lastfiction lastfiction
Feature Film

Watch: Trailer For The Iranian Action-Adventure Film ‘The Last Fiction’

While Iranian live-action cinema has achieved vast acclaim throughout the years, the country has yet to produce an animated feature that has made a similar impact on the international scene. That may change soon with multiple animated features currently in production and rapidly rising production standards.

Among the films to look out for is The Last Fiction, which we first reported on in 2010. The Tehran-based commercial shop Hoorakhsh Studios recently released the film’s first full trailer [above], and it shows potential as a historically-themed action-adventure movie. Ashkan Rahgozar, who runs the studio, is directing.

Adapted from the Shahnameh, the thousand-year-old epic Persian poem written by Ferdowsi, The Last Fiction tells the story of Kaveh, a blacksmith, who leads a revolt to destroy the devil that has appeared in a prince’s soul.

No release date has been set for the film and the filmmakers appear to still be seeking international co-production partners. There are indications, however, that there’s some type of co-production arrangement with France because it has been announced that the film will be dubbed into French, and French-Iranian composer Christophe Rezai has come on board to score the film. Regular updates about the film are being posted on Facebook.

Below is a video that shows the studio’s artist at work, followed by a recent poster for the film:

“The Last Fiction” poster. (Click to expand.)
  • Jack Rabbit

    They have a lot to figure of what is needed and what to leave out……

  • Ahmad

    It’s great seeing glimps of Iranian animation industry starting to shine. but a bit disappointing that there isn’t much development in style aspect to form a unique Iranian animation one. the style in “the Last fiction” looks Marvel-ish. I Still prefer Marjane Satrapi’s Persepolis style, the animation was honest to the comics and Marjane’s vision. but hopefully “the Last fiction” will be a start.

  • SarahJesness

    I’m a bit confused, I’ve never heard of that. I know they’re not too big on having images of Muhammad and possibly some other religious figures; I think it has something to do with ensuring that people worship Allah and not some symbol. Possibly. I’m not sure. But I’ve never heard of ’em having a problem with drawings or anything like that, like, I know comic books and shit are sold in many Muslim countries. And many American animated shows and movies have gotten popular there.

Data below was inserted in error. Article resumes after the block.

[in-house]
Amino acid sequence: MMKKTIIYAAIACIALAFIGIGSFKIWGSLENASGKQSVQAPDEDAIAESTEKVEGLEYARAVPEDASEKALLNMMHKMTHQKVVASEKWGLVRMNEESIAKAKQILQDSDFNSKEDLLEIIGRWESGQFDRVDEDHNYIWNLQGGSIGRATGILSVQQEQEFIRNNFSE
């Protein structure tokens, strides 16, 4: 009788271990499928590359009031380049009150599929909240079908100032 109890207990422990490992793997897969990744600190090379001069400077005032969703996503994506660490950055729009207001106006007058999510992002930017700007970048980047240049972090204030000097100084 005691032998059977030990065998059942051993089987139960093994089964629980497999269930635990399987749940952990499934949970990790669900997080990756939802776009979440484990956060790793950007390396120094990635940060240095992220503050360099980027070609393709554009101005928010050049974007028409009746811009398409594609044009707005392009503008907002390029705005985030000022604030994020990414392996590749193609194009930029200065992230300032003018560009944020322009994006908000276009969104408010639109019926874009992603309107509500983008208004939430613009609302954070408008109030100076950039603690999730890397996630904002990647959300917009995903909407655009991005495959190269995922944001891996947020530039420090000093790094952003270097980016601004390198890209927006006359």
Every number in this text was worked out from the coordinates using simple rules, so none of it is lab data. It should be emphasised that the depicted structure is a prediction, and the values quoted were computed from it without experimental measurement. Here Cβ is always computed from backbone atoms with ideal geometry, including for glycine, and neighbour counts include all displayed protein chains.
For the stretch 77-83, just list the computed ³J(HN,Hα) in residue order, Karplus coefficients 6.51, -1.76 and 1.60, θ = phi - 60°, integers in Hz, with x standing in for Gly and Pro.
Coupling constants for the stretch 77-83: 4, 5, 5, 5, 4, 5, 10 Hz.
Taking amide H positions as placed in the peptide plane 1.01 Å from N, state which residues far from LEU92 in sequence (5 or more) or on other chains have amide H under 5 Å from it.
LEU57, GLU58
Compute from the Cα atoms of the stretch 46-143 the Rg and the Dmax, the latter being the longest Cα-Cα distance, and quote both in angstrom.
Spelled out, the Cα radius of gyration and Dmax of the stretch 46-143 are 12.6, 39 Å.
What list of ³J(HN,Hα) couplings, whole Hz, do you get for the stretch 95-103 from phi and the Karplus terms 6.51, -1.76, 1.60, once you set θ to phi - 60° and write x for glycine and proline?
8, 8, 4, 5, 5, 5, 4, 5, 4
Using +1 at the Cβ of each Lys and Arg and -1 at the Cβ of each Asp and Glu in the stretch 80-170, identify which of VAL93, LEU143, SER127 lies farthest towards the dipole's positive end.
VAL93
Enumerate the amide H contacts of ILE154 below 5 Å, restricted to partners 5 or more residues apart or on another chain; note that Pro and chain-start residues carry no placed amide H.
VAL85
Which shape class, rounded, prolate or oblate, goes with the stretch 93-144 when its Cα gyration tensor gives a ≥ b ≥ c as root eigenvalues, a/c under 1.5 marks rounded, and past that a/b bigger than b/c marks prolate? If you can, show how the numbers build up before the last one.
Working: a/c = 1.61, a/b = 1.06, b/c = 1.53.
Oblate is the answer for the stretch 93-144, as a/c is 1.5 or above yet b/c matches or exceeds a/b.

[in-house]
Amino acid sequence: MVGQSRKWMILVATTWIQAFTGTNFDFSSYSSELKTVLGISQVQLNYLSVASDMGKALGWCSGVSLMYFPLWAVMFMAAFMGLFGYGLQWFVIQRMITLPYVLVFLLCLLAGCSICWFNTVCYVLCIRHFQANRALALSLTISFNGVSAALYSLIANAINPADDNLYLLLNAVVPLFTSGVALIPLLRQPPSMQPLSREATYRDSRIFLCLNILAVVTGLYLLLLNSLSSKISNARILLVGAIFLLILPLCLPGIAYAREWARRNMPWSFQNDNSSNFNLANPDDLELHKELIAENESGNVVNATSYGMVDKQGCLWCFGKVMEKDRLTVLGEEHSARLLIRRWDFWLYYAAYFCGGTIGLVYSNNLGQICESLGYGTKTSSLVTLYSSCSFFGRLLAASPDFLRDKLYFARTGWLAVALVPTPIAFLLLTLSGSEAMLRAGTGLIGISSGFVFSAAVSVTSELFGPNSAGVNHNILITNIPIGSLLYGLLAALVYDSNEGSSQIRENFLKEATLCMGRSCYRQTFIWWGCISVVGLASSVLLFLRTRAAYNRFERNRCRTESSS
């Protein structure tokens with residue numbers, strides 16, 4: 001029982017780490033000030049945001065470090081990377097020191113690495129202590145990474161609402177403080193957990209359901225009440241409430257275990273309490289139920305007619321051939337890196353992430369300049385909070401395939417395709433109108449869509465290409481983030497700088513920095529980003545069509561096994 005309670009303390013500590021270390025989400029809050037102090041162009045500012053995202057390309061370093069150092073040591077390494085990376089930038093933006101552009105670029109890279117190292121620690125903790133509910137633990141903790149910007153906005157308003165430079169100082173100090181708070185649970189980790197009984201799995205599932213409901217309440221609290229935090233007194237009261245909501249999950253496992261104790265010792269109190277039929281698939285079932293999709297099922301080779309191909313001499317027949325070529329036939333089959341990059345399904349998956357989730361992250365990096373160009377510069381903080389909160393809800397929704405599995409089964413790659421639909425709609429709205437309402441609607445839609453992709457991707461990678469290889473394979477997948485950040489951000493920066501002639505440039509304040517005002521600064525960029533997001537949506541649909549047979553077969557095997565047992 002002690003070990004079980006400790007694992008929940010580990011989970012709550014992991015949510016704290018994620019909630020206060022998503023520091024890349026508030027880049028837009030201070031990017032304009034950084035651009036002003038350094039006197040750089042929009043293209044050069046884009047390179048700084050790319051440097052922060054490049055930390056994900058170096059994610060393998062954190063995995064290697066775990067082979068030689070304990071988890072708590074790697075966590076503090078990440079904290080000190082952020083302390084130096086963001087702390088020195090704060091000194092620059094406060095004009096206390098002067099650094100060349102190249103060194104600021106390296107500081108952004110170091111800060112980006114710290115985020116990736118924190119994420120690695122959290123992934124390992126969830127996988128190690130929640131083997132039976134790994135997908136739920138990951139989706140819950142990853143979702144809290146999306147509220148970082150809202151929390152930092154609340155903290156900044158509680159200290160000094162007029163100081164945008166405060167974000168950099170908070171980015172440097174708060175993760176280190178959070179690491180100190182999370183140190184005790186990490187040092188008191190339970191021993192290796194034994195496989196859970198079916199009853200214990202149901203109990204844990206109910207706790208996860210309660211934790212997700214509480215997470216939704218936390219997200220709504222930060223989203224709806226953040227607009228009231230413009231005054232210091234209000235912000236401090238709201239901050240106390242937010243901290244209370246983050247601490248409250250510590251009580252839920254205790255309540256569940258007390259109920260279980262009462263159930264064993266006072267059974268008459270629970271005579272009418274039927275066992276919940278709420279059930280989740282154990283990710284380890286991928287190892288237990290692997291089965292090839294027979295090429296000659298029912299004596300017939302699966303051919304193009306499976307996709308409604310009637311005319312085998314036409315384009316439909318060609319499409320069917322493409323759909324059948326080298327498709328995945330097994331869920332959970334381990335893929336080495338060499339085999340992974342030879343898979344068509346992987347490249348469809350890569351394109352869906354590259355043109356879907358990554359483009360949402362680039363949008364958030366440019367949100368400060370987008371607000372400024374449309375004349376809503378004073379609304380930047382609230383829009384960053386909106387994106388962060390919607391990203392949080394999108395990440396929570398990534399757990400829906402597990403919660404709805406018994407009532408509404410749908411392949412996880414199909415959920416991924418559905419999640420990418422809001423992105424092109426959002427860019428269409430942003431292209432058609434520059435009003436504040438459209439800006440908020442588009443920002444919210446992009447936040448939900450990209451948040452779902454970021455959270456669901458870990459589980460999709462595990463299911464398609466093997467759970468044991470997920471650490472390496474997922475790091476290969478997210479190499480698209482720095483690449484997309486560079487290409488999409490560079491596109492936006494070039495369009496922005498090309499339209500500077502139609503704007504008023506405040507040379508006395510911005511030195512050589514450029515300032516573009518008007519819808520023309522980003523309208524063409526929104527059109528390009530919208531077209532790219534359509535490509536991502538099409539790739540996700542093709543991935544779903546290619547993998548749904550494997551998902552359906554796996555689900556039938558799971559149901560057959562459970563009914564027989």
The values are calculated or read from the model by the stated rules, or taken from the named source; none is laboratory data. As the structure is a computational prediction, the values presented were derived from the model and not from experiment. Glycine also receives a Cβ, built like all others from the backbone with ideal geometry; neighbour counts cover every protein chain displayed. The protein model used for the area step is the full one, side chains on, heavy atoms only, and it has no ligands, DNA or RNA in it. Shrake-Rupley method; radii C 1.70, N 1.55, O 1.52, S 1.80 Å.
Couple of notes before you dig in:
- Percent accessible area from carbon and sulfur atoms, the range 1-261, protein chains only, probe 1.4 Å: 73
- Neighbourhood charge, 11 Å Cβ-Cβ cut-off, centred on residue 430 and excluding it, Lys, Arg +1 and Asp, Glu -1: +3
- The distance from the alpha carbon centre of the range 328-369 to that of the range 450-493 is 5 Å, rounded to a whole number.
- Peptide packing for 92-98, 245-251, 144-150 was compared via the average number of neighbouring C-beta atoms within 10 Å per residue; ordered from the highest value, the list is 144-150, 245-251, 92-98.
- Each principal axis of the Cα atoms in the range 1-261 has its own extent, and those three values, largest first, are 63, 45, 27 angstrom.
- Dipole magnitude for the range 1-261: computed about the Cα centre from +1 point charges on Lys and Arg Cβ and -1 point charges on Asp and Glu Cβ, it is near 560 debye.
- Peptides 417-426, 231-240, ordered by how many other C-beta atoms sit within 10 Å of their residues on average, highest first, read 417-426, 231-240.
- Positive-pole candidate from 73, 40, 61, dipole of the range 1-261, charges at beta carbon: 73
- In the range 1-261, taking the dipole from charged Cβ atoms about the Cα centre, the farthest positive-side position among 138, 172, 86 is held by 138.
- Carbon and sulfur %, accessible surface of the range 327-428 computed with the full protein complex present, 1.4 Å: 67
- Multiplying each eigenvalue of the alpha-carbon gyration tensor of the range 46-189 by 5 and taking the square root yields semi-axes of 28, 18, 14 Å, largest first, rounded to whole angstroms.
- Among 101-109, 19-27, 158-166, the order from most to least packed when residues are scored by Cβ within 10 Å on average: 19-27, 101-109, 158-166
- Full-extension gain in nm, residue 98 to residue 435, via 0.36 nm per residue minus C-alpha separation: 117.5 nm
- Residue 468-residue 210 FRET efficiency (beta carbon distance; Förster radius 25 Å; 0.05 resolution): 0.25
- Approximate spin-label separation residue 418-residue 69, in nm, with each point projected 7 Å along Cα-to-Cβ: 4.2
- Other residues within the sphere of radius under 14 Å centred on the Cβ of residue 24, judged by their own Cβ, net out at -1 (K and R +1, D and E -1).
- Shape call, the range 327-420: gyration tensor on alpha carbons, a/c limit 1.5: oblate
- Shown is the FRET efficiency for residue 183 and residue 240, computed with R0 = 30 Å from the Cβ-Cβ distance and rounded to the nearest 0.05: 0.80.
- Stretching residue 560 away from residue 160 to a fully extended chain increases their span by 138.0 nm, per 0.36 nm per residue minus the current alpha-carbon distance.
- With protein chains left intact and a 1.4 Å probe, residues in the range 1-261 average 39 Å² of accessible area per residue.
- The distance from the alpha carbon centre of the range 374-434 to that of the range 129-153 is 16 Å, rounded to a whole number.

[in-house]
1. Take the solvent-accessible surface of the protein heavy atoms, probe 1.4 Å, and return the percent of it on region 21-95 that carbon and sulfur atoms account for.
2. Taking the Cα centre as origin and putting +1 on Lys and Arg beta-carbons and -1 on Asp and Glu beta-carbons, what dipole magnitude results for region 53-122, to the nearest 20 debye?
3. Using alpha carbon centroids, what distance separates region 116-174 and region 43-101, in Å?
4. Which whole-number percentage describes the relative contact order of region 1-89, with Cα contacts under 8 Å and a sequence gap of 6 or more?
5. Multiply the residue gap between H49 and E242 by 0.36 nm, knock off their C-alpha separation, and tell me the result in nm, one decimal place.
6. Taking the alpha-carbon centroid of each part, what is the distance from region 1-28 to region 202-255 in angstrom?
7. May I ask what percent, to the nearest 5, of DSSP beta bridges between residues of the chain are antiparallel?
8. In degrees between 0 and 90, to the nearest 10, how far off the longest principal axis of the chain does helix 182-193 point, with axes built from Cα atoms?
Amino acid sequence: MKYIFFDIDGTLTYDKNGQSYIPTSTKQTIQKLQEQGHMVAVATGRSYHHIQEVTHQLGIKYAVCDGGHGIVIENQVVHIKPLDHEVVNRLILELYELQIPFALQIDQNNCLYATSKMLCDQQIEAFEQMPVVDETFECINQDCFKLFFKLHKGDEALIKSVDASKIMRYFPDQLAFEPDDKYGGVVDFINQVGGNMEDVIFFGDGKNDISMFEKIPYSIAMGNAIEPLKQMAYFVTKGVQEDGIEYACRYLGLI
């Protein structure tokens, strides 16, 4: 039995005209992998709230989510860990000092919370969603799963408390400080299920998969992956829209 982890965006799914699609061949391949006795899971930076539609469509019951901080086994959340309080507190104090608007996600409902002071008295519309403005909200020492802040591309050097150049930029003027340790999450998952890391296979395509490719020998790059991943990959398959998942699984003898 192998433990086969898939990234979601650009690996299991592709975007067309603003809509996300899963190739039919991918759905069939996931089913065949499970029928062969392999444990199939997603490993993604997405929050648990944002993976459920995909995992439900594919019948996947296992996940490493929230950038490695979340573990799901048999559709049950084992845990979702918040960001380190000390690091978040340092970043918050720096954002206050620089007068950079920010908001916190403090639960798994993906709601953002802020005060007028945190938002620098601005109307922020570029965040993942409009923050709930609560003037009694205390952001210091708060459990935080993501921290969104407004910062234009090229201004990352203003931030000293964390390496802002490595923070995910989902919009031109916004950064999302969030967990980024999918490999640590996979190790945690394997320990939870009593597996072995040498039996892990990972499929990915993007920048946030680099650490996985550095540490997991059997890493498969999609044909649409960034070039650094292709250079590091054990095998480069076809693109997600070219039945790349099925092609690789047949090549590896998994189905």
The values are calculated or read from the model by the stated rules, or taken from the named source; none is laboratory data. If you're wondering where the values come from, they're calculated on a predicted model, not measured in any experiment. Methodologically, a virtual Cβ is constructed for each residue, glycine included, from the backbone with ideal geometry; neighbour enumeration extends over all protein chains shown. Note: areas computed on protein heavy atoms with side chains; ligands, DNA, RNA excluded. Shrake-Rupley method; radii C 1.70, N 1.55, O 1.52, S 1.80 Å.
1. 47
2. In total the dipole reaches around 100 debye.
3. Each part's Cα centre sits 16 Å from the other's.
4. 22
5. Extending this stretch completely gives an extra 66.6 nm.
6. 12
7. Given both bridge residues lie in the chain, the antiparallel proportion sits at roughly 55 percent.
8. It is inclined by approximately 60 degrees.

• Inkan1969

      I think that art from Muslim cultures has traditionally focused on calligraphy and abstract imagery. Mosques may be decorated with beautifully written Koranic verses, and names can be highly stylized, like the name for “iran” that’s at the center of the flag, and the “Al Jazeera” logo. I also heard that the abstract art has been based on mathematics subjects, like algebra.

    • I’m sure as long as it doesn’t impose on their religion or culture it’s OK, at least the number of Japanese shows that managed to make their way over there, though Jojo’s Bizarre Adventure showed how easy it is to peeve the social crowd due to unawareness of such sacred text.

  • GW

    I know that Saudi Arabia doesn’t have movie theaters so audiences go to websites like YouTube for their content. I don’t know much about the rest of Middle Eastern animation. Neil Emmet has a blog on the subject. Since we’re on the subject of non-typical animation countries I’ll throw in Paula Callus’s African Animation blog too.

  • AmidAmidi

    Muslim-majority Malaysia has a major service sector for industry production, while Indonesia is ramping up to become a service provider, though they’re not as advanced yet as Malaysia. Across the Middle East, animation production has expanded rapidly over the past decade, from Egypt to Syria to Iran to Pakistan. Here’s one piece on animation in Syria:

    • Inkan1969

      Thanks for this information.

    • “Muslim-majority Malaysia has a major service sector for industry production, while Indonesia is ramping up to become a service provider, though they’re not as advanced yet as Malaysia.”

      You’re telling me (of course this is unfair this this was done over a decade ago but still, I’m sure they’re improving)…

  • They certainly have a long way to go. It’s a step in the right direction but we’ll have to wait and see where it goes.

  • Harry Bastard

    Persian culture and mythology ALWAYS makes for a dead-sexy video game setting.